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The faiths of the founding fathers

Autor: David L Holmes
Editora: Oxford ; New York : Oxford University Press, 2006.
Edição/Formato   Livro : InglêsVer todas as edições e formatos
Base de Dados:WorldCat
Resumo:
It is not uncommon to hear Christians argue that America was founded as a Christian nation. But how true is this claim? In this compact book, David L. Holmes offers a clear, concise and illuminating look at the spiritual beliefs of our founding fathers. He begins with an informative account of the religious culture of the late colonial era, surveying the religious groups in each colony. In particular, he sheds light
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Detalhes

Gênero/Forma: History
Pessoa Denominada: James Madison; James Monroe, Politiker 1758-1831.; George Washington; John Adams; Benjamin Franklin; Thomas Jefferson
Tipo de Material: Recurso Internet
Tipo de Documento: Livro, Recurso Internet
Todos os Autores / Contribuintes: David L Holmes
ISBN: 0195300920 9780195300925
Número OCLC: 62341497
Descrição: x, 225 p. : ill. ; 22 cm.
Conteúdos: Religion in the American colonies in 1770 --
The Anglican tradition and the Virginia founding fathers --
The enlightenment religion of deism --
The founding fathers and deism --
The religious views of Benjamin Franklin --
The religious views of George Washington --
The religious views of John Adams --
The religious views of Thomas Jefferson --
The religious views of James Madison --
The religious views of James Monroe --
The wives and daughters of the founding fathers --
A layperson's guide to distinguishing a deist from an orthodox Christian --
Three orthodox Christians --
The past is a foreign country.
Responsabilidade: David L. Holmes.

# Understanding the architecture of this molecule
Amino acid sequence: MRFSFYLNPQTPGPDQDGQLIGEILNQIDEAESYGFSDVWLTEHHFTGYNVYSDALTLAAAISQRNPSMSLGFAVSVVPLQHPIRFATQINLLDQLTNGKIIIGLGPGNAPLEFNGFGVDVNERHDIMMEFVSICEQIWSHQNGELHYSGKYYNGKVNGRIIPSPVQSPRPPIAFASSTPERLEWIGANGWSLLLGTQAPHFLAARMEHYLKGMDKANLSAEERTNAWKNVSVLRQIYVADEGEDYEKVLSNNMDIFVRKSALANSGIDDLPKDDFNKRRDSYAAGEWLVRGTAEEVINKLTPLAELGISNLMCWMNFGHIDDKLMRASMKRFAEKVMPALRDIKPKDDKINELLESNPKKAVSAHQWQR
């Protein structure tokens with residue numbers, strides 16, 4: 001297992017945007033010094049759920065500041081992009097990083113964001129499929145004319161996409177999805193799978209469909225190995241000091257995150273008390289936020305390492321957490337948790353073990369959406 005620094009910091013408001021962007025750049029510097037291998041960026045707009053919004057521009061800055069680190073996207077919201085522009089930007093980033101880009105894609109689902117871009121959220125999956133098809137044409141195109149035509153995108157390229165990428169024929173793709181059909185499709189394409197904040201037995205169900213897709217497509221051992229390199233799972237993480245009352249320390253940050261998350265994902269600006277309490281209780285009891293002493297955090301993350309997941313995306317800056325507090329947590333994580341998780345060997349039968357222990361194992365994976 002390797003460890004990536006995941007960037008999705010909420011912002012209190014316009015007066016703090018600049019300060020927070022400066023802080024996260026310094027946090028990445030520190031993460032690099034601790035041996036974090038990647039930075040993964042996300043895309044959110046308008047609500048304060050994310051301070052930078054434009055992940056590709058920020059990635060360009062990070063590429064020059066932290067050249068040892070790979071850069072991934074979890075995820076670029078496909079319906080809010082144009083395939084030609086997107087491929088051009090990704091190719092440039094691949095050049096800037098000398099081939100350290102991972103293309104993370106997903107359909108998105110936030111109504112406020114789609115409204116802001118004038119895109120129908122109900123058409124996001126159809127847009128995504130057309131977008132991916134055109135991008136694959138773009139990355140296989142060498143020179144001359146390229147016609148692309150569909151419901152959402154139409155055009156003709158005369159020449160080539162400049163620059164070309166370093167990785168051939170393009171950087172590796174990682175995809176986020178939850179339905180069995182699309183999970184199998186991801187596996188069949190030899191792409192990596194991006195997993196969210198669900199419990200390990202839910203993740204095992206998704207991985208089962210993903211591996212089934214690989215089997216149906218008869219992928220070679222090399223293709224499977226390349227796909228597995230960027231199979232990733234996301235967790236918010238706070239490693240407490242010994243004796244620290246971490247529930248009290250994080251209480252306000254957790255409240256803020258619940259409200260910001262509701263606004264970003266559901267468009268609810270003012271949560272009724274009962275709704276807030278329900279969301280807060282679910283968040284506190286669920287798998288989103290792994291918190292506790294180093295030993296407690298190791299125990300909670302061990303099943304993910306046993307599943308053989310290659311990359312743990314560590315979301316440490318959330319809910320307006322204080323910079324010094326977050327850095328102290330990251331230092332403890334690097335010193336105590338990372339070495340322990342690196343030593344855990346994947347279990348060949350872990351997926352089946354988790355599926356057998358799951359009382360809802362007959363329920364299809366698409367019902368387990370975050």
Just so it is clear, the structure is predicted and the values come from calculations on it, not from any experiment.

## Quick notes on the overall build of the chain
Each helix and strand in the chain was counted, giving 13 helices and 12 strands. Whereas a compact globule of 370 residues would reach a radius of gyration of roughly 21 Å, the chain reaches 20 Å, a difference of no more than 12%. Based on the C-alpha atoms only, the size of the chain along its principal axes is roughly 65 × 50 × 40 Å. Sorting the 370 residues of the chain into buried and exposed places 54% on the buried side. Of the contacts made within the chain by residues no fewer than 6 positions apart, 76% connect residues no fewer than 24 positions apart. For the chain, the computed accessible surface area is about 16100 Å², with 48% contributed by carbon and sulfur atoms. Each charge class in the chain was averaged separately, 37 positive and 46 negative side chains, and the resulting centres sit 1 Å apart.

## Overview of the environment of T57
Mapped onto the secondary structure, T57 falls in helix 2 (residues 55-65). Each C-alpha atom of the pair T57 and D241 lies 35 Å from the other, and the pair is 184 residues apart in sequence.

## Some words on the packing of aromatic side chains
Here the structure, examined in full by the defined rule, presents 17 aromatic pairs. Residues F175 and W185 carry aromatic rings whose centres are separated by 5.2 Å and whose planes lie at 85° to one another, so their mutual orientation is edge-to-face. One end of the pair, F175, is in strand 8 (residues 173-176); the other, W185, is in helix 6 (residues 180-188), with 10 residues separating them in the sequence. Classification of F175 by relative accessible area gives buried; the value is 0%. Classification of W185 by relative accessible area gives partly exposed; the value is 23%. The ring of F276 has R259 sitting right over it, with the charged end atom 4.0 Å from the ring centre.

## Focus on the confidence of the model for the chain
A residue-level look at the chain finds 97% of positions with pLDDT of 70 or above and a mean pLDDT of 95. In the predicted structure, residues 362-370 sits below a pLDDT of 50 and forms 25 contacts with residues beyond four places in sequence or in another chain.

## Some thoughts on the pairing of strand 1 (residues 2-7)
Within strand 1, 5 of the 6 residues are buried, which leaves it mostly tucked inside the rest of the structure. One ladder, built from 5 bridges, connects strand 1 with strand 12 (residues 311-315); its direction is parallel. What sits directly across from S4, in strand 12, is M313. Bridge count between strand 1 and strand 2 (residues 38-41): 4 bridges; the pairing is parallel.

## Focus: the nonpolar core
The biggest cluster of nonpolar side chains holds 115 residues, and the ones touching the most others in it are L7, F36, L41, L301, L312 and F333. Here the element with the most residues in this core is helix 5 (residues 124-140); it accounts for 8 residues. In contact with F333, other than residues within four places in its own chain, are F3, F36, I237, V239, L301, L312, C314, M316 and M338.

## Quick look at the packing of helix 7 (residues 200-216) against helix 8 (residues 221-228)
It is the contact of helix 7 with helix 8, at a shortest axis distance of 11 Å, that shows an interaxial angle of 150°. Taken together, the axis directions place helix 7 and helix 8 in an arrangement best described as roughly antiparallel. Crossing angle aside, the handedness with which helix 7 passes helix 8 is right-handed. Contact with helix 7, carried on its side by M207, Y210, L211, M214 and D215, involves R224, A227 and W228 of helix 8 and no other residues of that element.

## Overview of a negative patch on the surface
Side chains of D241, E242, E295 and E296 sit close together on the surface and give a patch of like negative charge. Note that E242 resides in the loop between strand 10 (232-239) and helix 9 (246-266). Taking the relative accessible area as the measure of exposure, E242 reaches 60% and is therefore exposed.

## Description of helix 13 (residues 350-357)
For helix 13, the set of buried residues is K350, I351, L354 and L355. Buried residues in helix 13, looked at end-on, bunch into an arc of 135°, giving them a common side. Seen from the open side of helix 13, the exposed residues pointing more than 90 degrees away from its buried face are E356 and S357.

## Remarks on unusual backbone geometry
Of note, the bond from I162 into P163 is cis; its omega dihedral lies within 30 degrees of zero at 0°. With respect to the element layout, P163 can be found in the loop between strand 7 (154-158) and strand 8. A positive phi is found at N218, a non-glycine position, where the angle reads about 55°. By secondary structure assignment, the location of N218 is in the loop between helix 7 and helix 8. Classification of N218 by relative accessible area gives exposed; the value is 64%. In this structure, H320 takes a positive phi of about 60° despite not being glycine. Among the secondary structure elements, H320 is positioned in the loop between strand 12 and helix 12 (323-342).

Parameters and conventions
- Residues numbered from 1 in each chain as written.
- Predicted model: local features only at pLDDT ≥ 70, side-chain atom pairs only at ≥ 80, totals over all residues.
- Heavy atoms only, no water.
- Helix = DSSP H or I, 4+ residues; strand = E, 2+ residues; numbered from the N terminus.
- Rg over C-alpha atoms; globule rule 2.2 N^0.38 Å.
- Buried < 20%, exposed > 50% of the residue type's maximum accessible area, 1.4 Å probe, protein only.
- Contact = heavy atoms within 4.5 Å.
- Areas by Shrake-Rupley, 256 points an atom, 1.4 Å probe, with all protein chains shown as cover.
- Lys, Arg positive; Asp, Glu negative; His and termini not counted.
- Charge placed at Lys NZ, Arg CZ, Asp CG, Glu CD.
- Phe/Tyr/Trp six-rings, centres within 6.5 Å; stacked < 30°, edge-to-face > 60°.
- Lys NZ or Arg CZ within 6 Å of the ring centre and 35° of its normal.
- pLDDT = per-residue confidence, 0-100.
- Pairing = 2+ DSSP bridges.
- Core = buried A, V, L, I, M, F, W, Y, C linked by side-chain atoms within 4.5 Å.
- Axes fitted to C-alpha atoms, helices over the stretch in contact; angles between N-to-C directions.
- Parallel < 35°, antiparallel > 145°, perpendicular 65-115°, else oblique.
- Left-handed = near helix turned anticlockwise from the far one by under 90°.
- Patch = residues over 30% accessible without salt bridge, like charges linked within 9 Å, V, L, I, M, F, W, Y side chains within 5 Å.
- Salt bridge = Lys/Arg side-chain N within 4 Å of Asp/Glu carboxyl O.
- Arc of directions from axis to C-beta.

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Resumo:

Beginning with an account of the religious culture of the late colonial era, this book surveys the religious groups in each colony. It describes the various forms of Deism that flourished in America,  Ler mais...

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In this succinct, clear and myth-dispelling book, David Holmes traces the emergence and advance of Deism in the colonies from the early eighteenth century Jack Pole, Journal of Ecclesiastical History Ler mais...

 
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schema:description"It is not uncommon to hear Christians argue that America was founded as a Christian nation. But how true is this claim? In this compact book, David L. Holmes offers a clear, concise and illuminating look at the spiritual beliefs of our founding fathers. He begins with an informative account of the religious culture of the late colonial era, surveying the religious groups in each colony. In particular, he sheds light on the various forms of Deism that flourished in America, highlighting the profound influence this intellectual movement had on the founding generation. Holmes then examines the individual beliefs of a variety of men and women who loom large in our national history. He finds that some, like Martha Washington, Samuel Adams, John Jay, Patrick Henry, and Thomas Jefferson's daughters, held orthodox Christian views. But many of the most influential figures, including Benjamin Franklin, George Washington, John and Abigail Adams, Jefferson, James and Dolley Madison, and James Monroe, were believers of a different stripe. Respectful of Christianity, they admired the ethics of Jesus, and believed that religion could play a beneficial role in society. But they tended to deny the divinity of Christ, and a few seem to have been agnostic about the very existence of God. Although the founding fathers were religious men, Holmes shows that it was a faith quite unlike the Christianity of today's evangelicals. Holmes concludes by examining the role of religion in the lives of the presidents since World War II and by reflecting on the evangelical resurgence that helped fuel the reelection of George W. Bush. An intriguing look at a neglected aspect of our history, the book will appeal to American history buffs as well as to anyone concerned about the role of religion in American culture."@en
schema:description""In this book, David L. Holmes offers a clear, concise, and illuminating look at the spiritual beliefs of our founding fathers. He begins with an informative account of the religious culture of the late colonial era, surveying the religious groups in each colony. In particular, he sheds light on the various forms of Deism that flourished in America, highlighting the profound influence this intellectual movement had on the founding generation. Holmes then examines the individual beliefs of a variety of men and women who loom large in our national history."--Jacket."@en
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